They are “here today, gone tomorrow,” “for a limited time only,” and every other imaginable cliché of classic retail marketing. “Pop-up stores” — boutiques set up for just a few days or months — aim for old-fashioned selling, repackaged into modern retail therapy.
Last month, Target opened up four stores in Manhattan dubbed Bullseye Bodegas, and sold designer-brand clothing and housewares at basement prices – but only for four days.
“The idea is to build excitement for the brand,” said Joshua Thomas, a Target spokesman who helped set up the shops in SoHo, Midtown, Union Square, and East Village. The stores were decorated with Andy Warlhol-esque Pop Art, by David Stark, a top design firm. The merchandise included creations from more than 22 designers.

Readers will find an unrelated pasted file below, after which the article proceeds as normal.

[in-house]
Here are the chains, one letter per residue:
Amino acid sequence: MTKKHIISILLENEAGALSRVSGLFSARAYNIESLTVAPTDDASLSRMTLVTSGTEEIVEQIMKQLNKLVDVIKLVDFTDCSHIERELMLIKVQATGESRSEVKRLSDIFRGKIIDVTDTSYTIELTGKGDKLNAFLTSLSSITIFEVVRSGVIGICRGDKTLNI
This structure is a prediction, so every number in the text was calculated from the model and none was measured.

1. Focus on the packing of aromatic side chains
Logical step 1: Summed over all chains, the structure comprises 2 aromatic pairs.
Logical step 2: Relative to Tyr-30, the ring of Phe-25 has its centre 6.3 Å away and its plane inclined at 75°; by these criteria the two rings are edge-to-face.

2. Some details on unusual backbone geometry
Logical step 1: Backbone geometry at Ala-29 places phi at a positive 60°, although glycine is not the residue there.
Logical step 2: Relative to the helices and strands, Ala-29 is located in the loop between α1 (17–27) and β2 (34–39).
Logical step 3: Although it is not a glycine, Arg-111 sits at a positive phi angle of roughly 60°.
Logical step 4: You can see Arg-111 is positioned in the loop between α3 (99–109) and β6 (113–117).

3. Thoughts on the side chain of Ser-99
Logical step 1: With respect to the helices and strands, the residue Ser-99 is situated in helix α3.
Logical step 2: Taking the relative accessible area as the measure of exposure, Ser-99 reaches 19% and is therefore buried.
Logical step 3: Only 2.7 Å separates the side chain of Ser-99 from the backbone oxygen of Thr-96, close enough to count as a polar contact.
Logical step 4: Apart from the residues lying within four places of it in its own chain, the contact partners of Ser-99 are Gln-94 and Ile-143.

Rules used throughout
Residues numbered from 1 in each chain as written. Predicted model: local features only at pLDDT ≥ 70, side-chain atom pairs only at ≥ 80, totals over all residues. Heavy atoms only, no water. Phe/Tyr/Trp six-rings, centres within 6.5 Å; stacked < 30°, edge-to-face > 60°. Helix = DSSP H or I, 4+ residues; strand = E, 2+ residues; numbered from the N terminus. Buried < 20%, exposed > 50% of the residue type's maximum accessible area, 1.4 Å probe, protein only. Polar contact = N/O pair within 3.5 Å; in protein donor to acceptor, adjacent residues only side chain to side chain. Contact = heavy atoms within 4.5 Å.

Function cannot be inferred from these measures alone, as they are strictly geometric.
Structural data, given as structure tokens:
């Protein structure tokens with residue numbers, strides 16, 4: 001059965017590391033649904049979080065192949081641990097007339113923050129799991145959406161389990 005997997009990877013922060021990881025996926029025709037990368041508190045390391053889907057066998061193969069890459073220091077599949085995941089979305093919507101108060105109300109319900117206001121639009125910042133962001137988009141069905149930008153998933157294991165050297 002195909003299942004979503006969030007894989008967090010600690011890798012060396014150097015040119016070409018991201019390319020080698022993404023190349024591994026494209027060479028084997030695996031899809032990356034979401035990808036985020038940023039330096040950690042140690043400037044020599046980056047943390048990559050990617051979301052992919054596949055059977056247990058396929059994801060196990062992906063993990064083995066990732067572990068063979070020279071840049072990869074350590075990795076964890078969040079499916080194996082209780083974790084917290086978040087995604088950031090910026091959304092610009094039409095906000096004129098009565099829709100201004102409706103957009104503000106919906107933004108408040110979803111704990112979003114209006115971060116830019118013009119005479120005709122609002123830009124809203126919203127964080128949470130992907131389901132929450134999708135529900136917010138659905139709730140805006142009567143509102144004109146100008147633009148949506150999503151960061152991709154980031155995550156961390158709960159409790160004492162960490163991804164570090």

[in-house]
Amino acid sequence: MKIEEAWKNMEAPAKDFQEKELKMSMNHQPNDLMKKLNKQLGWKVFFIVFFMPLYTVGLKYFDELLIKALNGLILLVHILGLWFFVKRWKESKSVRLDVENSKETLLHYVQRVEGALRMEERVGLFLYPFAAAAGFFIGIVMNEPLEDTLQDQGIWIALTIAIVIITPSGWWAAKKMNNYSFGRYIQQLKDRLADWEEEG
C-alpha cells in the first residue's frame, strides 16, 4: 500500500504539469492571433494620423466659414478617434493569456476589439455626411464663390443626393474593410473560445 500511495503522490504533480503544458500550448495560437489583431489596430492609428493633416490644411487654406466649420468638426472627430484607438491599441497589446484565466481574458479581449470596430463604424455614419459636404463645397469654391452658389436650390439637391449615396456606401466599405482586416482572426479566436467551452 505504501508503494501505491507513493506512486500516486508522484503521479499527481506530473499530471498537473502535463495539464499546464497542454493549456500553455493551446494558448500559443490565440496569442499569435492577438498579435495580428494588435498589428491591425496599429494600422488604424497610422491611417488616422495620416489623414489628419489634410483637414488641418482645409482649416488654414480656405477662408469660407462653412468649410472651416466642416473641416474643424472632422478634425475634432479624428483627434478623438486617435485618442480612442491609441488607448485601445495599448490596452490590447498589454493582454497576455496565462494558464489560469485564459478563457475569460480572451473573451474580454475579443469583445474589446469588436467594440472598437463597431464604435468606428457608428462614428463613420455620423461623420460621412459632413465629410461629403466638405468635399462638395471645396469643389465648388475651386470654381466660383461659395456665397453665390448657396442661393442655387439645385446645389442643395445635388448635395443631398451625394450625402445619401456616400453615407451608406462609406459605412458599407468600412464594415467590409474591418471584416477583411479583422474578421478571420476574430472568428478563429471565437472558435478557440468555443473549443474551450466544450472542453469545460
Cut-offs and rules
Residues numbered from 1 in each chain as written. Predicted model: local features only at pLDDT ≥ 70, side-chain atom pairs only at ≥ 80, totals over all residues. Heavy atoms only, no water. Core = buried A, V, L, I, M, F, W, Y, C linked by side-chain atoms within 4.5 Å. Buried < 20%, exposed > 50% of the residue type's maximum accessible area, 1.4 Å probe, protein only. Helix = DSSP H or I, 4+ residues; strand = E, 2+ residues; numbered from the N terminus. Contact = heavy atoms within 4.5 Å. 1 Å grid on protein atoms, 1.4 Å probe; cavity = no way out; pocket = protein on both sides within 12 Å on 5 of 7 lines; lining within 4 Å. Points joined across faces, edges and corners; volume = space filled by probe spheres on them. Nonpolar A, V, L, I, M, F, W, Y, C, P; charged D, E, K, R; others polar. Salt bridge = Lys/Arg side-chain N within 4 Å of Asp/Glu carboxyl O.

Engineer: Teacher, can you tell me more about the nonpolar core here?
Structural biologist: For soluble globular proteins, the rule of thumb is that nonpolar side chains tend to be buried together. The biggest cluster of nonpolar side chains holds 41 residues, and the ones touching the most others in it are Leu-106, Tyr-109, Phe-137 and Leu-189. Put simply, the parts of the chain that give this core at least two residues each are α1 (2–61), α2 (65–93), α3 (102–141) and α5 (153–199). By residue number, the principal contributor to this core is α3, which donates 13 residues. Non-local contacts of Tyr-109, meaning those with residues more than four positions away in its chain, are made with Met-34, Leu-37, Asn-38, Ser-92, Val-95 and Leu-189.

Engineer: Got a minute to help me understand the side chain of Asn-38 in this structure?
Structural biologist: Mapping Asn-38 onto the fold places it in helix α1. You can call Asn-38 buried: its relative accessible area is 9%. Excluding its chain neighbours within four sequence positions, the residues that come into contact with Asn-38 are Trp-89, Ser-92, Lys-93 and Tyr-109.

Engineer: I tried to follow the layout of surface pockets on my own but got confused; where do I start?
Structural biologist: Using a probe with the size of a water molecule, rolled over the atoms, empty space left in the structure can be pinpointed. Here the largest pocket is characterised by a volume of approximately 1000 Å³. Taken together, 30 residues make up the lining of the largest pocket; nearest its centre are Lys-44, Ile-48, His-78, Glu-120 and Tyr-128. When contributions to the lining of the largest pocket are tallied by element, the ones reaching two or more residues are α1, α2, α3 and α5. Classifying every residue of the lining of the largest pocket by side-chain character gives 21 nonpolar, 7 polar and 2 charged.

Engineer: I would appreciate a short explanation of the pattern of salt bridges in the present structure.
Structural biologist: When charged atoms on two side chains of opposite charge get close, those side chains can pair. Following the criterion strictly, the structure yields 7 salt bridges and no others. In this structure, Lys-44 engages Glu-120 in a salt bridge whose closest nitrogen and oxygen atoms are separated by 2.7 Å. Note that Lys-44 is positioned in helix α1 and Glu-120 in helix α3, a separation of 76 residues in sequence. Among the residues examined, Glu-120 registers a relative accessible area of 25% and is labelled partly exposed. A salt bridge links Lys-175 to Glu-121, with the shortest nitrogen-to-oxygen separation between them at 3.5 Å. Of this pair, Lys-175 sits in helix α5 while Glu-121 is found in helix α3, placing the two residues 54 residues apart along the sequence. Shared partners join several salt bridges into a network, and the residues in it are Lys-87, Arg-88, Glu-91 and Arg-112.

“It’s a buzz marketing tool for us,” said Thomas.
With consumers and corporations tightening their fiscal belts, some retailers see these shops as an antidote to the troubled economy and the astronomical cost of Manhattan real estate. Delta Airlines, The Gap, and Nike also have jumped on the concept, opening “quick and dirty” shops that sell a company’s overstock or new signature product.
Thomas said Target pioneered the concept in New York in 2002, when the company docked a ferry on the Hudson River in Chelsea.
For the New Yorkers hankering for a $40 Anya Hindmarch designer handbag, though unwilling to travel to Target stores on 224th Street in the Bronx or at Brooklyn’s Atlantic Center, the shops were a happy find. Target hopes to bring the bullseye to Manhattan permanently. The company has looked at taking over the Kmart at Astor Place, The New York Times reported, though Thomas was unable to confirm this.